Libya was to hold a presidential election on December 24, but it was postponed over disputes between rival factions on laws governing the vote and controversial presidential hopefuls. East-based legislators have argued the mandate of Dbeibah’s government ended on that date.
On Wednesday, hundreds took to the streets in the capital of Tripoli to protest the parliament’s decision to name a new prime minister. Dbeibah warned his dismissal would lead the country back to “division and chaos” after nearly two years of relative calm. He said he would only relinquish his post to an elected government.
Dbeibah, a powerful businessman from Misrata, was appointed prime minister in February last year as part of the UN-brokered, Western-backed political process. His government’s main task was to steer the deeply divided country towards national reconciliation and lead it through elections.
The vote was the linchpin of UN-mediated efforts to bring peace to the nation. But the incumbent prime minister became a polarising figure since he announced his presidential bid, breaking his pledge not to run in elections when he was appointed as interim prime minister.
“Fathi Beshagha is seen by many in western Libya as the country’s strongman. When he was interior minister, he took a strong stance against militias. That brought him into the limelight,” said Al Jazeera’s Malik Traina, reporting from Tripoli.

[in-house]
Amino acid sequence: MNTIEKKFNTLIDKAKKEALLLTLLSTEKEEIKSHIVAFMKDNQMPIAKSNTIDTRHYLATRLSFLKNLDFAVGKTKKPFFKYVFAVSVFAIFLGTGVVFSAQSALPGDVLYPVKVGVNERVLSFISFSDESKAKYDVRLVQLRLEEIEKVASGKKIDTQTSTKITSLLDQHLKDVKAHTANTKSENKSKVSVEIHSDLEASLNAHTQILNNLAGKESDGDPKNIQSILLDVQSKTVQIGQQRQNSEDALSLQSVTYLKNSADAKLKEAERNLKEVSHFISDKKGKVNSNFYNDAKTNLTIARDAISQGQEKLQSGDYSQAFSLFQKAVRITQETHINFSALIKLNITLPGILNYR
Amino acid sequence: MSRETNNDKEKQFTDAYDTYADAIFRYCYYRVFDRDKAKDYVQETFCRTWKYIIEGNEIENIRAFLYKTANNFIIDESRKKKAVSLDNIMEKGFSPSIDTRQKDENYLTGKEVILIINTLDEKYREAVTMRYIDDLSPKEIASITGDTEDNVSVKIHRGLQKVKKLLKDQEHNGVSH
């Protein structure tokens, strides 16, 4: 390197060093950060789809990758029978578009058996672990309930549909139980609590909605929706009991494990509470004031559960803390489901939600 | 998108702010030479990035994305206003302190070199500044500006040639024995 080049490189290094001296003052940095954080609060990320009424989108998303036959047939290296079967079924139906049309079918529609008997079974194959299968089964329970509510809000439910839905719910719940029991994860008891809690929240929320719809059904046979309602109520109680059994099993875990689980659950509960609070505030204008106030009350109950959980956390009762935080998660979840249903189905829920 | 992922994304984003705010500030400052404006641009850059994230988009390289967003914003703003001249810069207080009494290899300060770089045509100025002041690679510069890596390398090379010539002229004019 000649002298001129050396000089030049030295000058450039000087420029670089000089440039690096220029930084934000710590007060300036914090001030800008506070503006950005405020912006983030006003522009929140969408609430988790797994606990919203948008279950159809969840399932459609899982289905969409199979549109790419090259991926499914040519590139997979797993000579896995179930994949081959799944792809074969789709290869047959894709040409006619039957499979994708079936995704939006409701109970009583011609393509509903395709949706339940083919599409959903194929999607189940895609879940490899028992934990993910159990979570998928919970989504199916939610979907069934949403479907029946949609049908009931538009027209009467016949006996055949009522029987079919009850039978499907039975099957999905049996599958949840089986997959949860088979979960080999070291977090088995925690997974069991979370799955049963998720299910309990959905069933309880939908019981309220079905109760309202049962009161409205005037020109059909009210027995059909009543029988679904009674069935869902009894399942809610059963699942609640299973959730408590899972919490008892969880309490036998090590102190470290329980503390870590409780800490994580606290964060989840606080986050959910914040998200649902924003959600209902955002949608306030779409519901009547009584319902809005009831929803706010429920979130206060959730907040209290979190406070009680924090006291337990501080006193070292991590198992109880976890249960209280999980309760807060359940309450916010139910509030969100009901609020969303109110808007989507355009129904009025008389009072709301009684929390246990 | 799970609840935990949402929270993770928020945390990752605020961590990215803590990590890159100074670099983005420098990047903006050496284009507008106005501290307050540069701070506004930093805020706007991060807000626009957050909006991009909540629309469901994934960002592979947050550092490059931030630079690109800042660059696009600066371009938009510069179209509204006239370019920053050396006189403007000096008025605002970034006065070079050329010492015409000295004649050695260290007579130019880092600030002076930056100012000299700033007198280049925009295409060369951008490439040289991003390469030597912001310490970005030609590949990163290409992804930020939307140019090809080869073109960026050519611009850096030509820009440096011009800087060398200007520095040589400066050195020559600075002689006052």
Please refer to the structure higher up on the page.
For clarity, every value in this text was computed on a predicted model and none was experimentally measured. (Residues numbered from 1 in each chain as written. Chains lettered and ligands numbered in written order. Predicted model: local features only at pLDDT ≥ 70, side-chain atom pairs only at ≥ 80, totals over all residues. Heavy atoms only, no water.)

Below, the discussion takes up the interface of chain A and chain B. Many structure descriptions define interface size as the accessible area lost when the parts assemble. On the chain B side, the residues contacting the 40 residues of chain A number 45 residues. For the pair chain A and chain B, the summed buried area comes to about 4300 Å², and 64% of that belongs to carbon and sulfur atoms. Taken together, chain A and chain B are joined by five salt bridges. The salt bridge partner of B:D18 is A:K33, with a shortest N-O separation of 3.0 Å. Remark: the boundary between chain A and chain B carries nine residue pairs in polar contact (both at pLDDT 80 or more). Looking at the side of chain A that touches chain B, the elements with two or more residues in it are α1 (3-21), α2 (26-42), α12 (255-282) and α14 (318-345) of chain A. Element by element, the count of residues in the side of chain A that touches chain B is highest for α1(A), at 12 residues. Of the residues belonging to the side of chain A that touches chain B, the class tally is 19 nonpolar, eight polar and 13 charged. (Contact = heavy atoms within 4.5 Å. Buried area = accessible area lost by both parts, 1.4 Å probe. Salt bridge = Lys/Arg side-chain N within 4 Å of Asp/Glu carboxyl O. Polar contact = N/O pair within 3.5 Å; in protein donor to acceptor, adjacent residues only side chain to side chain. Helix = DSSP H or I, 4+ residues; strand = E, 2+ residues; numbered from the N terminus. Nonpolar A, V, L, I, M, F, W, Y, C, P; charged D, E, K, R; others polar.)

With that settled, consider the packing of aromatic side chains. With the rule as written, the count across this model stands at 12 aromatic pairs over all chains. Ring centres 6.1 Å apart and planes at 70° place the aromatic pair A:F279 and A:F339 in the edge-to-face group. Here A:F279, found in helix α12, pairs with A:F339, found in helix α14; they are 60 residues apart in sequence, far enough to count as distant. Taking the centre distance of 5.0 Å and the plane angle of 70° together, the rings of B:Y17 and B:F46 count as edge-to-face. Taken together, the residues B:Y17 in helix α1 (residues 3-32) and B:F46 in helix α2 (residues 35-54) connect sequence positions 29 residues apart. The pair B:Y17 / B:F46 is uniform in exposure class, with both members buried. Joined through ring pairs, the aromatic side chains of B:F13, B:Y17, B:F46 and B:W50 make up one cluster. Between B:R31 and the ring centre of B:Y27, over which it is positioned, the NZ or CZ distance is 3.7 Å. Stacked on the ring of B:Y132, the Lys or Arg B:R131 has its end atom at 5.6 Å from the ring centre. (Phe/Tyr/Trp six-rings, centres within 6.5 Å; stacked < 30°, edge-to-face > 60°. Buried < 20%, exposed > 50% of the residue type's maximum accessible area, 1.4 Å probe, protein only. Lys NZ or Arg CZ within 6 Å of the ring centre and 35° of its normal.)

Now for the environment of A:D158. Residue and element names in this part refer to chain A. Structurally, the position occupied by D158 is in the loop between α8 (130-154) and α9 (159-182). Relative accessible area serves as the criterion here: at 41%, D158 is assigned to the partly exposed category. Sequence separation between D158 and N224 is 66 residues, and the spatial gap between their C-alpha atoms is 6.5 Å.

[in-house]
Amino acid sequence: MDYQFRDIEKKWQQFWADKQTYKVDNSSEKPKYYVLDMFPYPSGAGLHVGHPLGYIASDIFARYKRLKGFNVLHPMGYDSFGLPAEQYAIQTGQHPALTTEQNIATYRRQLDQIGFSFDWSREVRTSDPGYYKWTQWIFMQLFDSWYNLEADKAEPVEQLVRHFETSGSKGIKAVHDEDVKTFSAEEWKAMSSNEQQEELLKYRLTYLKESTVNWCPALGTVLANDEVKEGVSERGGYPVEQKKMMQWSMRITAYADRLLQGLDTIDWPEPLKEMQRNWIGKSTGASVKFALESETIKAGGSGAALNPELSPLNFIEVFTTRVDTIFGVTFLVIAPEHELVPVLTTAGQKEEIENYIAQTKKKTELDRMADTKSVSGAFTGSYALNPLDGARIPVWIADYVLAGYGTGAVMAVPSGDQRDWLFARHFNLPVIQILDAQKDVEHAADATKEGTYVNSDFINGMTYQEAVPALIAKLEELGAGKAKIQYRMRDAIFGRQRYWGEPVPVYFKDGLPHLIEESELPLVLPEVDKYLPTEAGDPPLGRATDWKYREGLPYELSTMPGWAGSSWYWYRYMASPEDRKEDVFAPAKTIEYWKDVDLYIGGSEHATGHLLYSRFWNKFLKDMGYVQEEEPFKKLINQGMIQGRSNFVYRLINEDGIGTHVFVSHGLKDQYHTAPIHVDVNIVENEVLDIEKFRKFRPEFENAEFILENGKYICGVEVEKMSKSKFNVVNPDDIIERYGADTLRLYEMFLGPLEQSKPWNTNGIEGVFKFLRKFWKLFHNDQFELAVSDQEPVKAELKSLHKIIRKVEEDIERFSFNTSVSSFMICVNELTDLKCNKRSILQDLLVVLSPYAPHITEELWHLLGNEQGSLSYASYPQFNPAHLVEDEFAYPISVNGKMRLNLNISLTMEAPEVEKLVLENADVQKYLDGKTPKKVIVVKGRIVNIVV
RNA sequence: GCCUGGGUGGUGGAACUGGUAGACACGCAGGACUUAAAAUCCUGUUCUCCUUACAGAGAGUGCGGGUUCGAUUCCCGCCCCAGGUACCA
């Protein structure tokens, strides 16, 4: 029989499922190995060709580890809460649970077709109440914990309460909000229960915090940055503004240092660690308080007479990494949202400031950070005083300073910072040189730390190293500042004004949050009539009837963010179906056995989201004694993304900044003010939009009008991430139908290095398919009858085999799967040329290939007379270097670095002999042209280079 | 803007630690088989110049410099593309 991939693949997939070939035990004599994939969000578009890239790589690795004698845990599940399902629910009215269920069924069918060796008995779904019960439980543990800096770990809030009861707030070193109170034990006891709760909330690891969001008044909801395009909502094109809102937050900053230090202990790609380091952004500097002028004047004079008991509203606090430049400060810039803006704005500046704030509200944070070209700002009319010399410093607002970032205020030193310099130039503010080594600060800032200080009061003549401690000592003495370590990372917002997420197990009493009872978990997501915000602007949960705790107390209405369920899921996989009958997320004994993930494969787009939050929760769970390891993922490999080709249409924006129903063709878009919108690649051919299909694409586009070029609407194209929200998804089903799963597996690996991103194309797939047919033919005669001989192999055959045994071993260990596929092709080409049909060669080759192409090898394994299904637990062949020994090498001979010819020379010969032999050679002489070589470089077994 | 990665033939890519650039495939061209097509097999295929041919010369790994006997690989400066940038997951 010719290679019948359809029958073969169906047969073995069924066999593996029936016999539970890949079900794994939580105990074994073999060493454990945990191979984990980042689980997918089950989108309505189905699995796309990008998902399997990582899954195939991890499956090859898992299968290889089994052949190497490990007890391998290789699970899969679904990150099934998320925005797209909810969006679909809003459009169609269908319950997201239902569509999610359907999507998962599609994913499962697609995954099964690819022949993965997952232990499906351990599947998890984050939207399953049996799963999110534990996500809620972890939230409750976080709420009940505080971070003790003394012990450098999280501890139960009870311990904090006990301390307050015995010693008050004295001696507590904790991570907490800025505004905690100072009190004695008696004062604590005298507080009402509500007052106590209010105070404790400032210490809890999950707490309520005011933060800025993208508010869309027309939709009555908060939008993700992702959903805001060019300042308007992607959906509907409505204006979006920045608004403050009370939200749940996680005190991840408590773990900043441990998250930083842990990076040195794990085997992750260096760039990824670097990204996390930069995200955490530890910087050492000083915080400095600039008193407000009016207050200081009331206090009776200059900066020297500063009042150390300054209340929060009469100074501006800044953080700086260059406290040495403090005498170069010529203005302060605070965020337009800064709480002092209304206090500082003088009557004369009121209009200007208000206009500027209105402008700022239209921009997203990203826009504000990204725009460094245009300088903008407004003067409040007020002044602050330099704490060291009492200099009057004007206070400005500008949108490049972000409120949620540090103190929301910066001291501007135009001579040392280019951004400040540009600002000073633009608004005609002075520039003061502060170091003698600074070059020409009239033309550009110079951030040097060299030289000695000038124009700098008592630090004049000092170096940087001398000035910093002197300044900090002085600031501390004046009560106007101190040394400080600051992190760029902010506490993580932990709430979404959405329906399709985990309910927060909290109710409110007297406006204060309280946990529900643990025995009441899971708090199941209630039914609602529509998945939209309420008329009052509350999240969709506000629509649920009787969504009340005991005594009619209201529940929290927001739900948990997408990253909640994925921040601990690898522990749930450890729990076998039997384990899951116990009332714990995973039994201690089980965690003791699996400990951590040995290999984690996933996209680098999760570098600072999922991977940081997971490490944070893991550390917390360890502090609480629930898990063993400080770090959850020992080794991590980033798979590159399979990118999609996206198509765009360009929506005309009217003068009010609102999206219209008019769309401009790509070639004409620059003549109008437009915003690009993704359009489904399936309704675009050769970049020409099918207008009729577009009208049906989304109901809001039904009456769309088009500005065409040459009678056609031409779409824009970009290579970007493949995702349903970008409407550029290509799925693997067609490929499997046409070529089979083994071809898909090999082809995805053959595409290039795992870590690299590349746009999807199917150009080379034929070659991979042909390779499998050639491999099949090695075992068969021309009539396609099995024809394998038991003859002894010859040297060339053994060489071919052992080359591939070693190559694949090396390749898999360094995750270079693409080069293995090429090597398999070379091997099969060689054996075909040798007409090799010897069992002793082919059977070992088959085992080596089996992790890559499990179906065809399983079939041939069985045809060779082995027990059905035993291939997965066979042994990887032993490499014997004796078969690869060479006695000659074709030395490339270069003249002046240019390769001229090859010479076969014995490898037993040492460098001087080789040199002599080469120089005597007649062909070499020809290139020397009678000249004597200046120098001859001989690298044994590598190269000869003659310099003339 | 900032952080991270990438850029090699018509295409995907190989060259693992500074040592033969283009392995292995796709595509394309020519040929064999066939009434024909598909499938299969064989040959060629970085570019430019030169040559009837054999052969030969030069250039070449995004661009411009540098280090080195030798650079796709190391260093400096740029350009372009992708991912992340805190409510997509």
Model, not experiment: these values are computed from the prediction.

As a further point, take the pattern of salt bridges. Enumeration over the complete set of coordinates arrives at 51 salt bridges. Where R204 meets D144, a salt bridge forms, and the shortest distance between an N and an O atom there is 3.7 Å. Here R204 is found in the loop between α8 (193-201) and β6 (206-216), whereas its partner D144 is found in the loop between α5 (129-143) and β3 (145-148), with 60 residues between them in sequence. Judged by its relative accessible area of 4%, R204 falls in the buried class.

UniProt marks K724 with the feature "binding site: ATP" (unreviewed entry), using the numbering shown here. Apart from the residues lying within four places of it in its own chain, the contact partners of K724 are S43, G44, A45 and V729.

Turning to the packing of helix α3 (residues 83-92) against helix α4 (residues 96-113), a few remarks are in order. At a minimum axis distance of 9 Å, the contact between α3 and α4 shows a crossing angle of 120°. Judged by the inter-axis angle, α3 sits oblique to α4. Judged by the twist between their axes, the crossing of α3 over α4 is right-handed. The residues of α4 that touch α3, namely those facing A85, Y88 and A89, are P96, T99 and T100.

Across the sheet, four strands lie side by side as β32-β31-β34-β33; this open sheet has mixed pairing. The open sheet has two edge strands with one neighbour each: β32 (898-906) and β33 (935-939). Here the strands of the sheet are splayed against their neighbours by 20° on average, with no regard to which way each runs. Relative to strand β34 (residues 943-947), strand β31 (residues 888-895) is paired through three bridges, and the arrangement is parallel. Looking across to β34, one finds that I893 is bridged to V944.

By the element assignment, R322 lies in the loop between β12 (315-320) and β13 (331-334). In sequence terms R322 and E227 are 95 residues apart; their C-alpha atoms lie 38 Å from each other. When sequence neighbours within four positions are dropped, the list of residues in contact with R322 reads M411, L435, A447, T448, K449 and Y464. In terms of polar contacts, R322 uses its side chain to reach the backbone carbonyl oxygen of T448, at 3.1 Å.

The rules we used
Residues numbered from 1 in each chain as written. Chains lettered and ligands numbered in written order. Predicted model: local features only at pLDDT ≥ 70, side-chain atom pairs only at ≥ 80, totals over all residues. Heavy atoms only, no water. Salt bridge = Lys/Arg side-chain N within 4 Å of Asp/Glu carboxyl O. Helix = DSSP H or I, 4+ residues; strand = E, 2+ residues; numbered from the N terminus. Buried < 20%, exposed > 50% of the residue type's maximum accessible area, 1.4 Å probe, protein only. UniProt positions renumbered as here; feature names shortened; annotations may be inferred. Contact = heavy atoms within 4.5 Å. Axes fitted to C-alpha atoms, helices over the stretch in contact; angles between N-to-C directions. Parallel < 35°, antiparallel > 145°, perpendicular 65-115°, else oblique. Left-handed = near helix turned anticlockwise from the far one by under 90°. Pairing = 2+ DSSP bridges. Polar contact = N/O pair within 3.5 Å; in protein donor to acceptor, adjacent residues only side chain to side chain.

“He got the general support of people as well as the international community. They thought he could help stabilise the police force and the security apparatus, especially in western Libya.”
Dbeibah said he embarked on consultations to agree on a new roadmap to hold elections in June, a date the UN mission in Libya seeks to reschedule the vote.
Western governments have urged the current government remain in place until the vote is held to avoid chaos and confusion.
During the same session, lawmakers also voted in favour of a set of constitutional amendments that put forward a new plan for the country’s transition to a democratically elected government.
The amendments envisage the creation of a new electoral commission and the appointment of a 24-member committee, representing the country’s all three regions, to draft a new constitution.
In a televised address on Tuesday, Dbeibah promised that he would “accept no new transitional phase or parallel authority” and declared he would only hand over power to an elected government.
Both Bashagha and Dbeibah have the support of rival armed groups in the Libyan capital.
The UN, Western powers and even some members of parliament have called for Dbeibah to stay in his role until elections, though a new date has not yet been set.
The parliament spokesman said Bashagha had been given 10 days to name a cabinet and present it to the parliament for a vote of confidence.
The political manoeuvring reflected the fragile situation on the ground in Libya, with a source close to Dbeibah saying the interim leader’s car had been hit by bullets overnight in an assassination attempt.
However, there was no official or public statement to confirm that.